Last Wednesday they brought little Buffy to Rena Cook wrapped securely in a blanket. It was a surreal nightmare for Rena but she believed the first responders when they said Buffy, her dog, probably didn't suffer.
This painstaking loss was the biggest for Rena, 54, who lost her home in that tornado time in Watertown last Wednesday. They say a Category 1 tornado ripped through the tiny town, but her loss came after a "power surge" tanked the electricity and thoughts now surged a fire that ripped through her double wide on Holmes Gap Road.
She's without little 10-year-old Buffy and buffering between her children's homes that happen to be within a half mile distance of her obliterated home.
She's a widow (Mike) and her son, Keith, passed in a car accident some years ago. Rena knows heartache and wears her heart on her sleeve unabashedly.
"It was last Wednesday when the tornado came through about a half mile away," she recalled. "Some houses, barns and garages were down."
She's a lunch lady at Watertown Middle School and got up as usual early to go to work.
"I cook and serve kids," said this grandmother of 11, 10 boys and one girl.
She works part time because of a health disability and went int that day at around 9 a.m.
"All the kids were in the gym at the school because the electricity went out because of the tornado," she said. "I got a call from a neighbor smoke was pouring out my front window. I left to rescue Buffy."
It took about 10 minutes for Rena to get home and because so many emergency vehicles blocked her path, she ran down the big hill to get Buffy.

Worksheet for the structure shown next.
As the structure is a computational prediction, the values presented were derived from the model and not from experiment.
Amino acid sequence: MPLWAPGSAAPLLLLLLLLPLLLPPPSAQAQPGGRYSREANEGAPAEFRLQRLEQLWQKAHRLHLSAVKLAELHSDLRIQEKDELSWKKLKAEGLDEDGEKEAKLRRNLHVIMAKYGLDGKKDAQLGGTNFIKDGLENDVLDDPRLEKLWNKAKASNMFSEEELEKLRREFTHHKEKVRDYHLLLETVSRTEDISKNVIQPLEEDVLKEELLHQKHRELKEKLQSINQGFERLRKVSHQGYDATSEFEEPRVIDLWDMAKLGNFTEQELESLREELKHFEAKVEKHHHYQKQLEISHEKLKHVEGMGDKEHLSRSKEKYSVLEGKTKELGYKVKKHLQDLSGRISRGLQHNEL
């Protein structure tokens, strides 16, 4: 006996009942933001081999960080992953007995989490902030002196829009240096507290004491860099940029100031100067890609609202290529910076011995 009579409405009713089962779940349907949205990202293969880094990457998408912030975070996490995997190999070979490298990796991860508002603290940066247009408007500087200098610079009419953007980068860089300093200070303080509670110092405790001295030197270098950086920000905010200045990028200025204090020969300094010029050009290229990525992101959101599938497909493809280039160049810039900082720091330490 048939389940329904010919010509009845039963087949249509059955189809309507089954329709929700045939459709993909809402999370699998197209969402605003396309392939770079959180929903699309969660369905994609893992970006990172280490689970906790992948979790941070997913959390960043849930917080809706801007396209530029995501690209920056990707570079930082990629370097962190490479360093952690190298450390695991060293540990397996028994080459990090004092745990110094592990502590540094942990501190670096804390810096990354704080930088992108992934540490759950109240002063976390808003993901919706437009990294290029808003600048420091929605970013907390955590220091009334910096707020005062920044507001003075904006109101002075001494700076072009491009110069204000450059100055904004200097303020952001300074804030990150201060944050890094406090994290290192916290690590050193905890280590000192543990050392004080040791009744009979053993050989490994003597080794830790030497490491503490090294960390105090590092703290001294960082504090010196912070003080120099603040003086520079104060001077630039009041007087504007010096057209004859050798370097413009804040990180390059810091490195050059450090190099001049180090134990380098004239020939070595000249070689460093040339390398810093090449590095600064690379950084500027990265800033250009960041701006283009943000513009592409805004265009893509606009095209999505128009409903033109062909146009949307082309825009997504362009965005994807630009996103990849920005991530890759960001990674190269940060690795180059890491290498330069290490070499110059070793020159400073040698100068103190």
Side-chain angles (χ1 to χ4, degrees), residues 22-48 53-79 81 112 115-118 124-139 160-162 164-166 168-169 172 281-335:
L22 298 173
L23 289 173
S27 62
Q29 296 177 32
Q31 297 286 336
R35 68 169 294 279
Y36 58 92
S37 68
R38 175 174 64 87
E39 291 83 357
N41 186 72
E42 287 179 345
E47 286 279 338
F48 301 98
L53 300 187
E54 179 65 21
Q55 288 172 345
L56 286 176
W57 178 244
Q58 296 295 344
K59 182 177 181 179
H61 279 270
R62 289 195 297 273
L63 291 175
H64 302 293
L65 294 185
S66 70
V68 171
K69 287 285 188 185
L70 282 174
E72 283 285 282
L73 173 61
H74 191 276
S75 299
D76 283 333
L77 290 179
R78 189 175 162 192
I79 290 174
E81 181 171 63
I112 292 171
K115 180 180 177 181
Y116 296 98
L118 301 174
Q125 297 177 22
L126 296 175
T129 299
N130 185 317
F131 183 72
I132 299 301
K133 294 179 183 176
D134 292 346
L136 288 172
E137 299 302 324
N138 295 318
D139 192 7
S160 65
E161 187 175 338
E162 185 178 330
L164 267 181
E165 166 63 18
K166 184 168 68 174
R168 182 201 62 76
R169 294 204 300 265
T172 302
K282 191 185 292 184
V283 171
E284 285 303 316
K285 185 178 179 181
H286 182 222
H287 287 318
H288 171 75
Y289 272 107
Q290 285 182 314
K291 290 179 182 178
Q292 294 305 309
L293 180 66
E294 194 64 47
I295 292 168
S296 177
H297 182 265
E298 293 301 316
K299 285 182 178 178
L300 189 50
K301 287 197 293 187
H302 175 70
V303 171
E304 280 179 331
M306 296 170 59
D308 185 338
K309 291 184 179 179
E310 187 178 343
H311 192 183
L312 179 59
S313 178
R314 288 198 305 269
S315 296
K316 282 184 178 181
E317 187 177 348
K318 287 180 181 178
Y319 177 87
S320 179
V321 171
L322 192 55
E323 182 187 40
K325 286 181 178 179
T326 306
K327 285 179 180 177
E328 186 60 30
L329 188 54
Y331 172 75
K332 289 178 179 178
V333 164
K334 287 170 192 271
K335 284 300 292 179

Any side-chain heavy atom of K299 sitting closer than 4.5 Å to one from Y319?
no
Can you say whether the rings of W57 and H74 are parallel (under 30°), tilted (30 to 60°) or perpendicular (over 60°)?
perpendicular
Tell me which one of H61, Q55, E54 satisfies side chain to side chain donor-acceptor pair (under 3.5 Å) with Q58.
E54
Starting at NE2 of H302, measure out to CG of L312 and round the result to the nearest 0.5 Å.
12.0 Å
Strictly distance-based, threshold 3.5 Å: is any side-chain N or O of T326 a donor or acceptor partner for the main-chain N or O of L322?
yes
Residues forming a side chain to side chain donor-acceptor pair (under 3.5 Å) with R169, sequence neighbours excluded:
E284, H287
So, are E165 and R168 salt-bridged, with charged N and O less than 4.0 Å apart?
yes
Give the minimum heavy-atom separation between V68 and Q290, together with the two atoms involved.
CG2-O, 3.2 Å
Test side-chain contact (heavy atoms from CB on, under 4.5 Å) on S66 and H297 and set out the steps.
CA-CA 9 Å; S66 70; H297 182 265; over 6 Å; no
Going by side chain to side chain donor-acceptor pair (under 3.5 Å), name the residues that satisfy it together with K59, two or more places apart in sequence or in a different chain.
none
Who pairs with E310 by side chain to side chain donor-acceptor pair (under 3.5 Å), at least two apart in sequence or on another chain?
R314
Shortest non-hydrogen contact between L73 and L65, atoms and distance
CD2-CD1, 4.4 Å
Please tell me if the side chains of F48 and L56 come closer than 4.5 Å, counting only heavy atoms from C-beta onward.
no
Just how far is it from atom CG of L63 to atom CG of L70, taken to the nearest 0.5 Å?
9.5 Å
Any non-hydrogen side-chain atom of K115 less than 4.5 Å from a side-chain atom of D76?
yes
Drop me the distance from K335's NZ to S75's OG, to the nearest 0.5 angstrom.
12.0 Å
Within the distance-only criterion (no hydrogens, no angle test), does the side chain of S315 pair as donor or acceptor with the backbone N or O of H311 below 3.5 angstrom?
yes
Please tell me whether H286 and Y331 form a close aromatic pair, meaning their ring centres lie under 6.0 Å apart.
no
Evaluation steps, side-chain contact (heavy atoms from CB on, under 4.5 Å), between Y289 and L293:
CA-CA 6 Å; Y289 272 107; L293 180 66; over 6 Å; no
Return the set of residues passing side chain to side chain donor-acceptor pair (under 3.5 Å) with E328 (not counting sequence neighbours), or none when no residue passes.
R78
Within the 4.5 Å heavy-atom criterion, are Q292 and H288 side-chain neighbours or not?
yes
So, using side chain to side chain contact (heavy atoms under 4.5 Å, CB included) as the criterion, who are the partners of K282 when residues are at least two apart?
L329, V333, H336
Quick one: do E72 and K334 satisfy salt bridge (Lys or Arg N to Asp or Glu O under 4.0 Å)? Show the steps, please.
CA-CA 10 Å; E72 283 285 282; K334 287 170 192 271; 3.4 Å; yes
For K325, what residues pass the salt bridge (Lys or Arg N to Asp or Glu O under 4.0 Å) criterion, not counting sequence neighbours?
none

"They had to block me," she murmured. "It was too late. They brought her out wrapped in a blanket."
Officials associate the power surge and subsequent fire at this double wide to the tornado nearby. Final results are pending.
"Most things can be replaced, but others can't be," Rena said.
Her husband passed by heart attack a few years ago, and her 17-year-old son Keith died in an auto accident.
"They say what you've been through makes you stronger," Rena said. "If I can make it through Keith and Mike, I can make it through this. God help me so I can."
Her double wide is not livable now, so she lives with daughter Amanda Swan down the road, and she'll switch out with her son. She has three living children that have swept her under their wings.
She's lived at the same address for 15 years and six and a half years ago she and Keith built a double wide.
"I don't really know what I'm doing," she admits.
Adjusters think they can replace her burned home with about $75,000.
While some bedroom suites and chairs are gone with other furniture, it's the Angle Room that most distress Rena.
"When I lost my husband, and son, in the past the community rallied," Rena said. "There was a room, I called it the 'Angel Room' where I had statues and such of Angels for them. They are gone. All my pictures are gone."
Rena said she knows things will get better, the storm before the calm and all that.
"I'm blessed, very blessed," she said. "I have my three children and memories of my husband and child."
She never thought she would "rebuild" at age 54.
"But, I never thought I would start over at age 48 without y husband," she said.
On April 1, there is a chili supper and silent auction planned at the Watertown Community Center. Now, though, Rena needs hygiene supplies and size 12 pants, large size shirt. Her boss at WTMS, Tammy Brewster is taking gift cards. There's a gofundme account under her name and Wilson Bank & Trust has a Rena Cooks fire fund.